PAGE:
The spotlight is back on the role of auditors in flagging the ongoing crisis at YES Bank. The accounting standard regulator, the Institute of Chartered Accountants of India (ICAI), plans to review the financial statements of YES Bank for the financial year 2017-18 (FY18) and FY19, and check whether there have been any lapses on the part of the auditors.
The audit fraternity points out that one of the key challenges in undertaking audit of banks relates to reconciling divergences between the Reserve Bank of India (RBI) and the banks when it comes to recognition of non-performing assets (NPAs).
“Over the last two-three years we have been under a lot of pressure from the RBI in matters relating to divergences. As a result, whenever in doubt we approach the RBI for guidance on suspect transactions,” said an auditor from one of the Big Four audit firms.
The auditors are also increasingly seeking information on a group’s loan exposure, than just the company they have the audit mandate for.
An RBI assessment for FY16 pegged the NPAs of YES Bank at Rs 4,925 crore as against the Rs 748 crore gross NPAs reported by the bank. The divergence ballooned to Rs 6,335 crore at the end of FY17.
To check instances of evergreening of loans, auditors said they have started keeping a tab on the money trail of loan payback. “We have started taking a close look at where the money is coming from,” said the audit head of another Big Four firm.
However, the auditor fraternity concedes that as statutory auditors there are limits to which they could check the money trail. They also rue lack of guidance in this respect from the accounting standard regulator.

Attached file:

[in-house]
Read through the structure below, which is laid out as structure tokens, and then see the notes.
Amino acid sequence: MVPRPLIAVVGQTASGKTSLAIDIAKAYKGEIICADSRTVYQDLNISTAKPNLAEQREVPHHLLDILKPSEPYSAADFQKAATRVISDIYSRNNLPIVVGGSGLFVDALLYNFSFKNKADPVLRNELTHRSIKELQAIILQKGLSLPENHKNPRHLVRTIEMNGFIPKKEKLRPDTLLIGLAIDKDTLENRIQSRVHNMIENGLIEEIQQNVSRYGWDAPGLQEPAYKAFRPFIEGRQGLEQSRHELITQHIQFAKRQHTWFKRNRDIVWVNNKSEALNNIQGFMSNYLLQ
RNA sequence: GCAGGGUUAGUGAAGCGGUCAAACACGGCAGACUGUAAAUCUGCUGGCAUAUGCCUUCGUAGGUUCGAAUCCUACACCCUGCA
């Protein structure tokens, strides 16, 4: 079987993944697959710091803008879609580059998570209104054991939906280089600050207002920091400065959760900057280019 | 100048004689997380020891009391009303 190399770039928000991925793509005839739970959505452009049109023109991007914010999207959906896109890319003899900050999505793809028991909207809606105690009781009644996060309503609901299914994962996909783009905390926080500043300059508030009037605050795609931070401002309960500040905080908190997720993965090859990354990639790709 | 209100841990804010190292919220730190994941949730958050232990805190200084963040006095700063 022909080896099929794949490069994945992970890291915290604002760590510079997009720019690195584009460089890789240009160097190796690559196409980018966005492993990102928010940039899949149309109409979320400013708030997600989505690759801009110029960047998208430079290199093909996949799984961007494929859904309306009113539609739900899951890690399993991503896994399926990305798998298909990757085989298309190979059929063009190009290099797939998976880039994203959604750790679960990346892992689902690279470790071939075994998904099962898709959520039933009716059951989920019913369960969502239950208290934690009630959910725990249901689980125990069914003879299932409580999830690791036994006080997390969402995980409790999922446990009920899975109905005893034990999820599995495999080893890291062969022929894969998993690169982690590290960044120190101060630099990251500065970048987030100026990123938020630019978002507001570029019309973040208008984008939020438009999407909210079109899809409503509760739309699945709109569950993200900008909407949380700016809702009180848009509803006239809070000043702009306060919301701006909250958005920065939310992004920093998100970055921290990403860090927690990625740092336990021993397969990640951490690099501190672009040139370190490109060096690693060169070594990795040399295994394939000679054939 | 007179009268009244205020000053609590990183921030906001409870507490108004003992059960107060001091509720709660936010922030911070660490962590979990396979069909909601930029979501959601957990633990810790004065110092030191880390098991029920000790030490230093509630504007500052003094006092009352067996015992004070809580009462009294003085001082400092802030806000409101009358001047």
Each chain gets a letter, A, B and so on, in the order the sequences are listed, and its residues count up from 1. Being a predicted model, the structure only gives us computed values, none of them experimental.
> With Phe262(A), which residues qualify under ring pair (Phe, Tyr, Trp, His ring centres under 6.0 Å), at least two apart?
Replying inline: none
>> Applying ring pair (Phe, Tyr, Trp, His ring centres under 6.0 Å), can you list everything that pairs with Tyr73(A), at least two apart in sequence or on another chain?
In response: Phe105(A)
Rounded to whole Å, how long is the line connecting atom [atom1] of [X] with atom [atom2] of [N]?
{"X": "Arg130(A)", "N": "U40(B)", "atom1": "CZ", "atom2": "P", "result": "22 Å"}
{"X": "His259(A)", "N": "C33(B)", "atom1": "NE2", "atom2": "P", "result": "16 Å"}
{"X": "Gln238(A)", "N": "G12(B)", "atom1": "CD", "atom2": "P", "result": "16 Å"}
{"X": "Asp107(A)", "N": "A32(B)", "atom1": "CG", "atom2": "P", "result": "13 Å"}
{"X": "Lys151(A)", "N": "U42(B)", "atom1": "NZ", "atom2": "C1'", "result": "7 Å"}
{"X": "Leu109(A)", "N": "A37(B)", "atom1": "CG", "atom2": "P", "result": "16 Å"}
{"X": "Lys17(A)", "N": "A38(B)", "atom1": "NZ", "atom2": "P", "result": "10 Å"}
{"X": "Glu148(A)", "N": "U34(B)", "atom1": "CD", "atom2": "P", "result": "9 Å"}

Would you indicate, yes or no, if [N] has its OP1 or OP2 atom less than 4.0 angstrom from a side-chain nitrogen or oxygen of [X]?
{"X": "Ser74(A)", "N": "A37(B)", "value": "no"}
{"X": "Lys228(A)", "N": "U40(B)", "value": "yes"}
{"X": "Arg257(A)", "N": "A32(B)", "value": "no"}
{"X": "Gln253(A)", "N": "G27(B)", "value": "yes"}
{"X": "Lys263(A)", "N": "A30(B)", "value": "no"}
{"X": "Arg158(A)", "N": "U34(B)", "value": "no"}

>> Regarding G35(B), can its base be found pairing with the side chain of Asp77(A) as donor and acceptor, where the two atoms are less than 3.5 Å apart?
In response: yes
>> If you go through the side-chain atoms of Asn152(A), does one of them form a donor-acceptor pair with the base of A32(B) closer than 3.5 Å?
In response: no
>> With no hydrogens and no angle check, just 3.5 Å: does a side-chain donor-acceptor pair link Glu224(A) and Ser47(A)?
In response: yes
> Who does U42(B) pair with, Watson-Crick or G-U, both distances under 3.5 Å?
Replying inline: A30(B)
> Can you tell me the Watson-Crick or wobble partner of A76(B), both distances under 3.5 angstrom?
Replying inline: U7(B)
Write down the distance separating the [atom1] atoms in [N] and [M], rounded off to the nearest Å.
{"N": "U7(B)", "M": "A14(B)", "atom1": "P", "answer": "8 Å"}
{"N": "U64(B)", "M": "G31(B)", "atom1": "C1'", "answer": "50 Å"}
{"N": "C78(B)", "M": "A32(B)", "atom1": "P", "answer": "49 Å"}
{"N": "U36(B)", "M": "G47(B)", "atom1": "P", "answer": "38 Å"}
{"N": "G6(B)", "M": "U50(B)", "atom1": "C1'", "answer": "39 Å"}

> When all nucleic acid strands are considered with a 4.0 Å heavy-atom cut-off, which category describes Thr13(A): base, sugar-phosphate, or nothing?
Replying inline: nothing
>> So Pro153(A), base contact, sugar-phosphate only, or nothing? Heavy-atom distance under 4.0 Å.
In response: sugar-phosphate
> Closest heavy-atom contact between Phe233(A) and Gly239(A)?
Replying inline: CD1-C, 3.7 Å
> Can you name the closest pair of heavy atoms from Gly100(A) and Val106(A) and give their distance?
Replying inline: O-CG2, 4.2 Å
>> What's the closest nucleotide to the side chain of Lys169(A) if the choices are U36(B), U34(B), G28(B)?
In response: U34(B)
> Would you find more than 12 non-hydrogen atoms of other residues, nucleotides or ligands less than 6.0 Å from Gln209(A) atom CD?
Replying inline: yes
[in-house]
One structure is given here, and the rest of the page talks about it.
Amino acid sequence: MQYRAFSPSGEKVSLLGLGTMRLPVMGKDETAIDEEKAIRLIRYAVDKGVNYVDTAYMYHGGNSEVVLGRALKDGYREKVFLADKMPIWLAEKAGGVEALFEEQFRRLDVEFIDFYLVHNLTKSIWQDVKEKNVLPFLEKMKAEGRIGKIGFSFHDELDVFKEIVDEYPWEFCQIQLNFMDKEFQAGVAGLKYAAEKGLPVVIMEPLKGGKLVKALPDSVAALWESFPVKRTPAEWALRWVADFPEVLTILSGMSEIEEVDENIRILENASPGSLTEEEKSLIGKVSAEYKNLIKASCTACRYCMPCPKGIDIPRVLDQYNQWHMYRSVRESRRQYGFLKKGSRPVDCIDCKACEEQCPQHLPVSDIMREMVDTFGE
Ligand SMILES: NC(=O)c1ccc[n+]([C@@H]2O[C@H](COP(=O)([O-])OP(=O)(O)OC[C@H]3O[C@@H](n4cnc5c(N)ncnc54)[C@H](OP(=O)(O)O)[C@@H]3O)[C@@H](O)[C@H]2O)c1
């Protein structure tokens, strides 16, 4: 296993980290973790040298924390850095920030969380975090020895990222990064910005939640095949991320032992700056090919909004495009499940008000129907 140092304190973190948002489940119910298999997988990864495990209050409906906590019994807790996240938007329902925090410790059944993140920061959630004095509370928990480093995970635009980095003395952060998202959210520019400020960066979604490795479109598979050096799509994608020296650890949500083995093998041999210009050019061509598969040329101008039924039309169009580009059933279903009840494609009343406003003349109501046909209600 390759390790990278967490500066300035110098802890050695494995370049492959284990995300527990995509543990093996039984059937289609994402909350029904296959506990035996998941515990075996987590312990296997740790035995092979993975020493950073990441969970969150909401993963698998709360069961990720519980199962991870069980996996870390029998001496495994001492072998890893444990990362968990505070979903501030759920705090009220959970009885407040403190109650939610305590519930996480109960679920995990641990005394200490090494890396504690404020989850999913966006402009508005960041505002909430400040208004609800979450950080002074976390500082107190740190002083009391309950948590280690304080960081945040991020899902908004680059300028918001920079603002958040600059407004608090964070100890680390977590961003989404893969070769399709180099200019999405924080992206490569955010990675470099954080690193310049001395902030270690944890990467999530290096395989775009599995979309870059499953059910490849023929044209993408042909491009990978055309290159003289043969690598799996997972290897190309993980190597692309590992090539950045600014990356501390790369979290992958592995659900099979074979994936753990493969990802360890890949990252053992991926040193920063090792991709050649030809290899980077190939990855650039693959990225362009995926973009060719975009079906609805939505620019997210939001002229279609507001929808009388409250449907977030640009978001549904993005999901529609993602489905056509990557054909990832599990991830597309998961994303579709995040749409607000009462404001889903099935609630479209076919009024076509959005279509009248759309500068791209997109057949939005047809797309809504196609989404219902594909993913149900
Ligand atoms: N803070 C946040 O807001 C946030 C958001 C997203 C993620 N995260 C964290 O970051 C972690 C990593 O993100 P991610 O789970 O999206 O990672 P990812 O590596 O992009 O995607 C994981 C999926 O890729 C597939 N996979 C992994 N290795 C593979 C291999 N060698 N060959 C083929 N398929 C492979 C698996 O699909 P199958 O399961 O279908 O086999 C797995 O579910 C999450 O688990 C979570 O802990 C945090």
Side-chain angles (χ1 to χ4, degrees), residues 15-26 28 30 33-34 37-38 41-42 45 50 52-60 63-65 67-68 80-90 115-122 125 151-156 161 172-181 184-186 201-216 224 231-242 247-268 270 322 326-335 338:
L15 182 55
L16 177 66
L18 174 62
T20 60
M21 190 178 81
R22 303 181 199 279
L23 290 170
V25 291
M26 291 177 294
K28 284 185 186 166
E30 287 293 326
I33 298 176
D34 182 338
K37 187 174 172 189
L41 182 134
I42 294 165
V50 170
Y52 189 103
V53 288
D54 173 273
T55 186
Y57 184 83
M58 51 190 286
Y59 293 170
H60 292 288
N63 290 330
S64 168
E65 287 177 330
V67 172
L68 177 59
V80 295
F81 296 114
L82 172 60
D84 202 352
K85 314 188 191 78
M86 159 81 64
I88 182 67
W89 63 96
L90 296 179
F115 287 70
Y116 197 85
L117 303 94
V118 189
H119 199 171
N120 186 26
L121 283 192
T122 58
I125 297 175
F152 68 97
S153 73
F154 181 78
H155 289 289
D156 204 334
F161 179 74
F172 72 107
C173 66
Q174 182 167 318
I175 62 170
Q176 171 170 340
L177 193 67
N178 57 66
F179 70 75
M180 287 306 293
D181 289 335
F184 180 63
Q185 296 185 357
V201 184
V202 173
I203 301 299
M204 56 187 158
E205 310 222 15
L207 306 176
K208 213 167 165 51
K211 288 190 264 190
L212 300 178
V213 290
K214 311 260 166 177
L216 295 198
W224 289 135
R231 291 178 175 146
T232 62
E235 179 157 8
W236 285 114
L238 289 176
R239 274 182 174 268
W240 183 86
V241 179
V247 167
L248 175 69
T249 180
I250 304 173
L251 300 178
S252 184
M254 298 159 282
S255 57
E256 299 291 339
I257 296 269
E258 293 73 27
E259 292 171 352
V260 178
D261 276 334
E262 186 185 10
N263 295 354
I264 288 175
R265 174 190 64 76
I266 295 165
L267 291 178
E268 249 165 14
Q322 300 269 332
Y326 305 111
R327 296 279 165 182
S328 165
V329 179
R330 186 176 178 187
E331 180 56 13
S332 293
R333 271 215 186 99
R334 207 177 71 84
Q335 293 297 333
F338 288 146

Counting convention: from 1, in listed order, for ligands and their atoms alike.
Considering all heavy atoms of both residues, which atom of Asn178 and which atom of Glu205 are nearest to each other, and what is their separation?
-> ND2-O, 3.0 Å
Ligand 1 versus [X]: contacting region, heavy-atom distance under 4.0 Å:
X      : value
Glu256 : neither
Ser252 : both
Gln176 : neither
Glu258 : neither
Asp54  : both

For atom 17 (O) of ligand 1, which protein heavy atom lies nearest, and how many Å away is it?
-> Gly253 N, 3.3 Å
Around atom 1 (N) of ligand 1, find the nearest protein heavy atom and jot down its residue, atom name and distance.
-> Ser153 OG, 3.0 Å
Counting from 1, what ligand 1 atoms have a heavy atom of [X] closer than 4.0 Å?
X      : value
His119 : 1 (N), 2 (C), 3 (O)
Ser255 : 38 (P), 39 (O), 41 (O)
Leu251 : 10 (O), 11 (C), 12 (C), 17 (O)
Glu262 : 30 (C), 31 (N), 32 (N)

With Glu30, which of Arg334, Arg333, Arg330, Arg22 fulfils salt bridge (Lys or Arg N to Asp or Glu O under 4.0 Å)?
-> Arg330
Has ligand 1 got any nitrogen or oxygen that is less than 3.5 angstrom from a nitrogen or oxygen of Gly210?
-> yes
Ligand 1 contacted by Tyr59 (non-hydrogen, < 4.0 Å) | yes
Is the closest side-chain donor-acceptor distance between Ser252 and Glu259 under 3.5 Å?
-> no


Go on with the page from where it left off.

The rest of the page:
What auditors also find challenging is to ascertain intrinsic value of securities that are put forth against loans. “This is more so in an economic environment where repayment power of business is weak,” said another audit professional. Statutory auditors of YES Bank have already had a rough ride over the past few years. BSR & Co, an affiliate of KPMG India, is the current auditor of YES Bank. However, the previous auditor, SR Batliboi & Co, an EY affiliate, was hauled up by the RBI on account of lapses in statutory audit. Following this, the firm was banned for one year from carrying out statutory audit assignments of commercial banks.
An audit professional who has been closely dealing with the beleaguered private bank said they have been working very closely with the RBI over the last two years while auditing its financial statements. “We have been seeking the guidance of RBI’s nominee in the board whenever in doubt,” he said.
Whether they like it or not, the role auditors would be under review in the coming months, said experts.